This event leaves a lasting hope that our country will restore the dignity of every human person, from conception to grave. We are made in the image of God who is Life, and wills the good of each person. May we in our lives and in our country give glory to God who made us, became Incarnate to be one of us, died to redeem us and rose from the dead to show us life. Continue to join with the many people of our great nation who value the rights of each person, and beg God to change our hearts and put an end to murder of the unborn.
The History of the March for Life (provided by the Diocese of Saginaw)
The MARCH FOR LIFE in Washington, D.C. began as a small demonstration and rapidly grew to be the largest pro-life event in the world. The peaceful demonstration that has followed on this somber anniversary each year since 1973 is a witness to the truth concerning the greatest human rights violation of our time, legalized abortion on demand.
In October, 1973, months after the Roe v. Wade decision, a group of thirty pro-life leaders gathered in the Washington, D.C. home of our founder, Nellie Gray, to discuss how to commemorate the one year anniversary of Roe. There was a fear that January 22 would pass as any other day rather than allow for a moment to reflect upon how legalized abortion had hurt women and taken the lives of babies.
Today the MARCH FOR LIFE is the largest civil rights event in the world. Over the past 40 years, millions of people have traveled to Washington, D.C. to participate in the March for Life. Locally, in the past 8 years, over 3,000 young people and adults from the Catholic Diocese of Saginaw have attended.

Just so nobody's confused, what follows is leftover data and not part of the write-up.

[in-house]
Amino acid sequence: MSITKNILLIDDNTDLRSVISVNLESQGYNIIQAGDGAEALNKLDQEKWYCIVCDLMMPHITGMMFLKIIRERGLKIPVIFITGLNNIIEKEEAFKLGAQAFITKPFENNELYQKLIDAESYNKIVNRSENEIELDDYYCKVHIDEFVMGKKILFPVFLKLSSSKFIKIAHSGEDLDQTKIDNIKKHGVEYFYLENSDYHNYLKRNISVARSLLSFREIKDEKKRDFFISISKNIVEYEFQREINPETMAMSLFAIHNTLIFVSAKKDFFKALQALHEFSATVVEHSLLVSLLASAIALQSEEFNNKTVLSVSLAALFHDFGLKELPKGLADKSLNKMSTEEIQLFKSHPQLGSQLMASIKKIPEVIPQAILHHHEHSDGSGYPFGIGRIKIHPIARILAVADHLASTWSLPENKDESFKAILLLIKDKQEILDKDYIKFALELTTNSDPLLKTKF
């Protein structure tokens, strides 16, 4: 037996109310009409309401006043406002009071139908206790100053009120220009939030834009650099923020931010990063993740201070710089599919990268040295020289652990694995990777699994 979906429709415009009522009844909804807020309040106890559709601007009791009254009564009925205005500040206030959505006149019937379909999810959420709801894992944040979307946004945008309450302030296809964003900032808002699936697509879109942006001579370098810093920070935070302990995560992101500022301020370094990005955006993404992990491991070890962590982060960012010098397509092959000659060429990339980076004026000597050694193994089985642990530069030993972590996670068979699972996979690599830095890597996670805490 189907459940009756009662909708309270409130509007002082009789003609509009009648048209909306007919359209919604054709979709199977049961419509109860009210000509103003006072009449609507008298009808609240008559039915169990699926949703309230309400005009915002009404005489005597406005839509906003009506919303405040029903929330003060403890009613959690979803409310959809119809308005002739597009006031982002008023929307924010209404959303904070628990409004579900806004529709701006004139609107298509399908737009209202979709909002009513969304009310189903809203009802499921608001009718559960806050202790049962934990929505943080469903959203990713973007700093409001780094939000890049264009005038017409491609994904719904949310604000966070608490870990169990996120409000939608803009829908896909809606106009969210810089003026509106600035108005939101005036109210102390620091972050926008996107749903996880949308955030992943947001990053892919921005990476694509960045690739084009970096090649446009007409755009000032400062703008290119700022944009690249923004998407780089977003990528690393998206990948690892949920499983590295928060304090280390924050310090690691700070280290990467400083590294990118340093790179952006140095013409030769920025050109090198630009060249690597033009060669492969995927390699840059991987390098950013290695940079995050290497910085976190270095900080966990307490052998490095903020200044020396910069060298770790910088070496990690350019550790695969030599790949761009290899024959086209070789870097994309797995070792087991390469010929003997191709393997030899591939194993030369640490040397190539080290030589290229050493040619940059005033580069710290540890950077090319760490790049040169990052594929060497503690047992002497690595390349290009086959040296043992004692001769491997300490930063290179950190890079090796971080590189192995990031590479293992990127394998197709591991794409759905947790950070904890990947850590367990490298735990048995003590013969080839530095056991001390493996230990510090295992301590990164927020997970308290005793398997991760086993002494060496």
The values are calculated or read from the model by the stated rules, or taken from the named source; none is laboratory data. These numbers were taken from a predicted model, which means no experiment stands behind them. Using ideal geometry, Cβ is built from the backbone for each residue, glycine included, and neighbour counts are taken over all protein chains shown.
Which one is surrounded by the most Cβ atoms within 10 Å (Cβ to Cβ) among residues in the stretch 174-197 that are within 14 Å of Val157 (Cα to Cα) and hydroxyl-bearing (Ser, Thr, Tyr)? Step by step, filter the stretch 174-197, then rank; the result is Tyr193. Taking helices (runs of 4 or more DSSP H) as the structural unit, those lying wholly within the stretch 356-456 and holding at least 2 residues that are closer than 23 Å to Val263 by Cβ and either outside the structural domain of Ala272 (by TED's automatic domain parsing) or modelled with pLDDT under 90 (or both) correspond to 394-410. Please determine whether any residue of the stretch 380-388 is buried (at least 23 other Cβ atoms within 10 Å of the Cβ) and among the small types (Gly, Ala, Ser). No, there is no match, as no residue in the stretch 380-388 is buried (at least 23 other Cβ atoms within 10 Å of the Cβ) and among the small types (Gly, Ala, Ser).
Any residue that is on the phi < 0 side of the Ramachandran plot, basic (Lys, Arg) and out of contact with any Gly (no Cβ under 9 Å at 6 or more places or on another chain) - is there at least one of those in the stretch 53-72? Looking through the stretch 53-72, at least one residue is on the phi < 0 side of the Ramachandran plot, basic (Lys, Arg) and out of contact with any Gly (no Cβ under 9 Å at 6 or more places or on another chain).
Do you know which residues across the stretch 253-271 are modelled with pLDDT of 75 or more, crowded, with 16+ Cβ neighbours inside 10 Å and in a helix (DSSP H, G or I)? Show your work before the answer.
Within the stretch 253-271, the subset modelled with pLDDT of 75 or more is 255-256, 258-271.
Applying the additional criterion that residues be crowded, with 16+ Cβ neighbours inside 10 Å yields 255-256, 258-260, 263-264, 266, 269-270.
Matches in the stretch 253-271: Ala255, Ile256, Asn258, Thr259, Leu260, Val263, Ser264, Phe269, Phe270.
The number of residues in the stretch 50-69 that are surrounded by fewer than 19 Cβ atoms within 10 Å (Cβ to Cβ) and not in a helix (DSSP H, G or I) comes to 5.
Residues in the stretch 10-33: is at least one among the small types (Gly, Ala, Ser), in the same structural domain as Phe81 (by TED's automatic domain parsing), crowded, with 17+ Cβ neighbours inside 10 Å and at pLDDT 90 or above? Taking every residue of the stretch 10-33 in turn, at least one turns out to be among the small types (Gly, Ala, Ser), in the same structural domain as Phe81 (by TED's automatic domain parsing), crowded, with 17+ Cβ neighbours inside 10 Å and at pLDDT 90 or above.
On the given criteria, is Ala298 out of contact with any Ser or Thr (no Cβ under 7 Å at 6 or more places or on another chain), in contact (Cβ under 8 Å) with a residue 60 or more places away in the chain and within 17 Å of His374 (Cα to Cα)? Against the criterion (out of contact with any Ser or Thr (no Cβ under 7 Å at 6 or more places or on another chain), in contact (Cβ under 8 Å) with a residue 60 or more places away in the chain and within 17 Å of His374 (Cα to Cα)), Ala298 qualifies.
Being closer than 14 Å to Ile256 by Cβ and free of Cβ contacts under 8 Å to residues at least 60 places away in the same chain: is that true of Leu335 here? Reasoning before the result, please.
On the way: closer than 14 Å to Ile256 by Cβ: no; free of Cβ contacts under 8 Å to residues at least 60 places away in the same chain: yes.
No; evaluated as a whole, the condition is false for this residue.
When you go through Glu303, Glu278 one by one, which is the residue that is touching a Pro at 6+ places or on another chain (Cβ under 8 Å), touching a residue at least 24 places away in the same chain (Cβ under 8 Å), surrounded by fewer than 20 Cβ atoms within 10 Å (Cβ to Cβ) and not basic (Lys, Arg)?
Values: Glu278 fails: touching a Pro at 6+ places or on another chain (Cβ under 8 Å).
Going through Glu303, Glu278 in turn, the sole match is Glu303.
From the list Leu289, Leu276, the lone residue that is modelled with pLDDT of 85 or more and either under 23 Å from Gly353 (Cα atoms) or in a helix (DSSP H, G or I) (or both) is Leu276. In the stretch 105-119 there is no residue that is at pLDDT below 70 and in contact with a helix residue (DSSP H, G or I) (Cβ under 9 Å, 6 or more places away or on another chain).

We now know that the impact is much greater than anticipated. It affects the mother, father, baby, and indeed, all of society. There have been countless stories of the young pro-life activists who were ‗born‘ out of the March for Life, and are now changing the face of the pro-life debate. The March for Life is the engine of the pro-life movement and we are all indebted to Nellie Gray.
January 22, 1973 is ingrained in the minds of pro-life supporters. On that infamous historic day the Supreme Court invalidated 50 state laws and made abortion legal and available on demand throughout the United States in the now-infamous decisions in Roe v Wade and Doe v Bolton.
|Greeting Marchers at the National Shrine of the Immaculate Conception|